“The influence of litigation risk and internal audit source on reliance decisions,” by B. Arel, Advances in Accounting (Forthcoming).
This study examines the association between the external auditor’s reliance decisions and the external auditor’s perceived litigation risk and the source of internal audit services. In an experimental study using 89 practicing Big 4 auditors, this study finds that auditors who perceive low litigation risk from placing reliance on the work of internal auditors will rely more on outsourced internal auditors than in-house internal auditors. The results also show that auditors' reliance decisions are sensitive to the level of account risk consistent with the risk-based approach to the integrated audit encouraged by the PCAOB.
"Time pressure, task complexity, and audit effectiveness," by A. R. Bowrin and J. King II, Managerial Auditing Journal (Volume 25 Issue 2): 160 – 181
This study examines the relationships among time pressure, audit task complexity and audit effectiveness. Using a field experiment, the author documents a negative, interactional relationship among time pressure, complexity, and effectiveness. The authors interprets their findings as a caution against the urge to reduce the time allowed for performing compliance tests, and provide training to improve the detection rate for all type of compliance deviations. The authors also observes that it may not be appropriate for audit planners to assume a uniform time pressure effect across the various tasks involved in an audit.
“The effect of benchmarked performance measures and strategic analysis on auditors’ risk assessments and mental models,” by W. R. Knechel, S. E. Salterio, N. Kochetova-Kozloskic, Accounting, Organizations and Society (Volume 35 Issue 3): 316-333.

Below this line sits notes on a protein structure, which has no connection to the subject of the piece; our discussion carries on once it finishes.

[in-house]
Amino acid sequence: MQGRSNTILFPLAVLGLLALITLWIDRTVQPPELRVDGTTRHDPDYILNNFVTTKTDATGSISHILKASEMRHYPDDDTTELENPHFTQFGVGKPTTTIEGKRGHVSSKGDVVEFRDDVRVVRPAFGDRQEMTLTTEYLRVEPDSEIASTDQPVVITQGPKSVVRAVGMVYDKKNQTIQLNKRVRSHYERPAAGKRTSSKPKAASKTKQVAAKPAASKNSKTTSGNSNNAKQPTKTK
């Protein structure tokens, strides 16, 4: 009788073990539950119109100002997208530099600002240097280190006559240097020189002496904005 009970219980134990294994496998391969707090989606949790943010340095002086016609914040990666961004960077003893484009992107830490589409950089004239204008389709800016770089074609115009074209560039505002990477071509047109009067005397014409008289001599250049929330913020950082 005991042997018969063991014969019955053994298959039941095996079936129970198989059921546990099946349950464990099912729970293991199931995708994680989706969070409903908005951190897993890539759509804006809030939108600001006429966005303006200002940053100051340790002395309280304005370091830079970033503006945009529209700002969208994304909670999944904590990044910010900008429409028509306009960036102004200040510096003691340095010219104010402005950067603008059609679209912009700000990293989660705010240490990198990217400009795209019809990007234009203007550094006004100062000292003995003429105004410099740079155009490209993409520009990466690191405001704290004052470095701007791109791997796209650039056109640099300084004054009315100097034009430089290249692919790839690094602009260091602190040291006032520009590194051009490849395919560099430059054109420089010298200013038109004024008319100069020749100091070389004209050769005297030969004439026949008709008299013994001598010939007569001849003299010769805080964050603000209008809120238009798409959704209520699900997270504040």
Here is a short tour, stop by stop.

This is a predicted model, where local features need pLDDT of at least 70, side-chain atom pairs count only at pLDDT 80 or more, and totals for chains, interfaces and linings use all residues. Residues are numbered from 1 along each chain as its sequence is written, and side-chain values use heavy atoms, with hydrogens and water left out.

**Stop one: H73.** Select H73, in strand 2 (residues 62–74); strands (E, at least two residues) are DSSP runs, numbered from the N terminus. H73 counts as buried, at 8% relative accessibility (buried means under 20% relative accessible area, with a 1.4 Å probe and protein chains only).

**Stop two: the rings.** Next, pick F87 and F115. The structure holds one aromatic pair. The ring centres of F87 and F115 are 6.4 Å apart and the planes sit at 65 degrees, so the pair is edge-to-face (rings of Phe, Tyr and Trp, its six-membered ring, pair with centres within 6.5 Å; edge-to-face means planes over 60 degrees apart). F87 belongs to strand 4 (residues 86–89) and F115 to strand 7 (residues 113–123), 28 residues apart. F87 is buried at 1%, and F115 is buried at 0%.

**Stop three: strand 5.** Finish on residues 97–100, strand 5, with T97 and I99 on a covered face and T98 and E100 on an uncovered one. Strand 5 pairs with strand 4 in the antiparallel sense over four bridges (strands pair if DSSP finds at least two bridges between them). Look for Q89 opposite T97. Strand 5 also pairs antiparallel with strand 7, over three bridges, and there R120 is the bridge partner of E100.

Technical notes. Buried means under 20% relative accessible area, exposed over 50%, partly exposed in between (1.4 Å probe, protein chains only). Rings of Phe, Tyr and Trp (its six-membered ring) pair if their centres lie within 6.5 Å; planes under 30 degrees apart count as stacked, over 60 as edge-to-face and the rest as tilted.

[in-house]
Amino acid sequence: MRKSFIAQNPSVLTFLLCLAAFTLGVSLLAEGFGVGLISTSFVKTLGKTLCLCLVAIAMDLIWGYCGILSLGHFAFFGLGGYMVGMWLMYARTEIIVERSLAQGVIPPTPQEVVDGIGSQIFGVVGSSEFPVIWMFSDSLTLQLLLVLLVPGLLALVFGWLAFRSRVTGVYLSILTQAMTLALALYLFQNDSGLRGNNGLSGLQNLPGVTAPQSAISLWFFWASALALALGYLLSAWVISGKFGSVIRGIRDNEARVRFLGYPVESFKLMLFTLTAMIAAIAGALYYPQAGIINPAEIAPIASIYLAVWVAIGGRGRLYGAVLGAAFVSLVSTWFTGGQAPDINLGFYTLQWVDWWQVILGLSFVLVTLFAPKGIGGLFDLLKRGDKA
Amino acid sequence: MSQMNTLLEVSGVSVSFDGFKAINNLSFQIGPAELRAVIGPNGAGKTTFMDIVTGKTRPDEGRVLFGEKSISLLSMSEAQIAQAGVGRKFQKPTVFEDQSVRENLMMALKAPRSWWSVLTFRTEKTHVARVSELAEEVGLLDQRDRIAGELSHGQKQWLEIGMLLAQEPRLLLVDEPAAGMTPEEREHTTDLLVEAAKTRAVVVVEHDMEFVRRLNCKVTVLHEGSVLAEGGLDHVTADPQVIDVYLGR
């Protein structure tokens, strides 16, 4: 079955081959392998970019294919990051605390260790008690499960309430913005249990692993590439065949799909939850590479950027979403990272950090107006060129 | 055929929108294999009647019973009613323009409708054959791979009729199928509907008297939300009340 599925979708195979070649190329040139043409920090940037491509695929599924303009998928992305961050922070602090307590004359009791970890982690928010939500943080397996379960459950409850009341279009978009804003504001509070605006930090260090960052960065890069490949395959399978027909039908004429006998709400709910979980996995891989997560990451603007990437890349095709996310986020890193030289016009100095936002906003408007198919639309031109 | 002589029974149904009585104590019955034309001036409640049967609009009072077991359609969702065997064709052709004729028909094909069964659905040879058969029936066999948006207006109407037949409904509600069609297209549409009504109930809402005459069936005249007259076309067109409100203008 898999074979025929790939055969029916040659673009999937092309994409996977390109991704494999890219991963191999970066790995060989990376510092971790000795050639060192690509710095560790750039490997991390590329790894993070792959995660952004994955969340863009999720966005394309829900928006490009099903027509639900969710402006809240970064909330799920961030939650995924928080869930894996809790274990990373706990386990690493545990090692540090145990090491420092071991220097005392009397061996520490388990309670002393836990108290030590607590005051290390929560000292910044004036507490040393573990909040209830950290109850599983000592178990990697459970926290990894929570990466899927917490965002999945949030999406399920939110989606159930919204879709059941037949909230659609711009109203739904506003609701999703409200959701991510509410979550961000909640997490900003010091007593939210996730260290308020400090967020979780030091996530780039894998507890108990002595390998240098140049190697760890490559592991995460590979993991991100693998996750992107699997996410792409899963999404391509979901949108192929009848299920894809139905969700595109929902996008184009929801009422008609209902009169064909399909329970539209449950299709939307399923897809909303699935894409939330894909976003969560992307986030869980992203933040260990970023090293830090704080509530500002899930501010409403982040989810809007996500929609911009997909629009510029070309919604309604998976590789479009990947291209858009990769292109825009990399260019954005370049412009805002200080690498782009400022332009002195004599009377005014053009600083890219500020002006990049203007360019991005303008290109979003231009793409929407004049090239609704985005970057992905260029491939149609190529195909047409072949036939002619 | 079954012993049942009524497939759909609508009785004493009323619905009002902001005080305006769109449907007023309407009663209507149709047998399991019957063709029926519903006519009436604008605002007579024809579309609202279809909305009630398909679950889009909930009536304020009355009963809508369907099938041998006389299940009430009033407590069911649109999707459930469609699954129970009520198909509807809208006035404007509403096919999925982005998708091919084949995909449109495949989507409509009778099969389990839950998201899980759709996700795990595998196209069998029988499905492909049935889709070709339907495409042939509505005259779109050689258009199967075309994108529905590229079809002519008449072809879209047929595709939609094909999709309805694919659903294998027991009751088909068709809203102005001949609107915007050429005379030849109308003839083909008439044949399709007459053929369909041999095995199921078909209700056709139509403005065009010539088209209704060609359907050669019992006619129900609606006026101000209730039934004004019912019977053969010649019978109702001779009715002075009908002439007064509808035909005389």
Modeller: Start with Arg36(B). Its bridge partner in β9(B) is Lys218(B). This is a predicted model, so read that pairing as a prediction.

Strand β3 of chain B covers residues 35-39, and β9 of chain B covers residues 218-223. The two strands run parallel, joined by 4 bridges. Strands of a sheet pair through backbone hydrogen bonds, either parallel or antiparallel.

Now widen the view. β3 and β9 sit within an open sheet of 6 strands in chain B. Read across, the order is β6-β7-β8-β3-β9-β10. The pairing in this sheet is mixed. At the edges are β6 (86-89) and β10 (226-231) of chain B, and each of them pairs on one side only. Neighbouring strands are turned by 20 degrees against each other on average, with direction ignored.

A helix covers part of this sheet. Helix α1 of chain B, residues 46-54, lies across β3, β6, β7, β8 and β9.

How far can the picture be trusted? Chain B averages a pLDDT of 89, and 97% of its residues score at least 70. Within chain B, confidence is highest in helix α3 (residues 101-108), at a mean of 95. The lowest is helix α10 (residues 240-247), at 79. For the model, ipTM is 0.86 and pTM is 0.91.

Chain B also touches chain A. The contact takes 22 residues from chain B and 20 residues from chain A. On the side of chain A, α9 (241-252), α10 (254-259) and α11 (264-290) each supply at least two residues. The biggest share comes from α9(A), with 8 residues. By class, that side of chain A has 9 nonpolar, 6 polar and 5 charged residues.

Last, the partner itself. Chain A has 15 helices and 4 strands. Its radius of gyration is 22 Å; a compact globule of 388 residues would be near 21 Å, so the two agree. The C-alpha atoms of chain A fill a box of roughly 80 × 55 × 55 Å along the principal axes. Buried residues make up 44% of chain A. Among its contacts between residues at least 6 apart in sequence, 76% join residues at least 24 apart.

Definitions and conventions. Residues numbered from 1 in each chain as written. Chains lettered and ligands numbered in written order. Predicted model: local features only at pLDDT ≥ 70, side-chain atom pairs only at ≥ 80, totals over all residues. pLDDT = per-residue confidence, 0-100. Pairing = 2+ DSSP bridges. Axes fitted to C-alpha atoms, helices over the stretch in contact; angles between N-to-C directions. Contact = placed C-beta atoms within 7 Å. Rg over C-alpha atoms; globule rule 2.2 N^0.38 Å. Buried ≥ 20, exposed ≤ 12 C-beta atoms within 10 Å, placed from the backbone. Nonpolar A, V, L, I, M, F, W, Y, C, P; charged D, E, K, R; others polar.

The study examines the effect of benchmarking of performance measures and strategic analysis, on the risk judgments of auditors carrying out the initial planning of an audit. The authors conduct an experiment with a Balanced Scorecard for organizing and evaluating analytical evidence about the performance of business units within a large client. They find that external benchmarking can cause an auditor to focus on performance measures that are unique to a business unit and disregard performance measures that are common to multiple business units but not benchmarked. However, they also find that a strategic analysis facilitates a more balanced and accurate assessment of the risks across the business units being evaluated due to auditors developing a more complete mental model of a client.
“How Costly Is The Sarbanes Oxley Act? Evidence on the Effects of the Act on Corporate Profitability,” by A. S. Ahmed, M. L. McAnally, S. Rasmussen, and C. D. Weaver, Journal of Corporate Finance (Volume 16 Issue 3): 352-369.
This study investigates the net realized costs of SOX by examining its impact on operating profitability. The authors document a decline in cash flows by 1.3% of total assets after SOX. They also note that these costs are higher for smaller firms, for more complex firms, and for firms with lower-growth opportunities. The authors also observe that the net SOX-related costs are not limited to one-time expenses associated with internal-control design and implementation. In aggregate, for the 1428 firms in their sample, the costs amount to about $19 billion per year and that profitability is lower for up to four years post-SOX.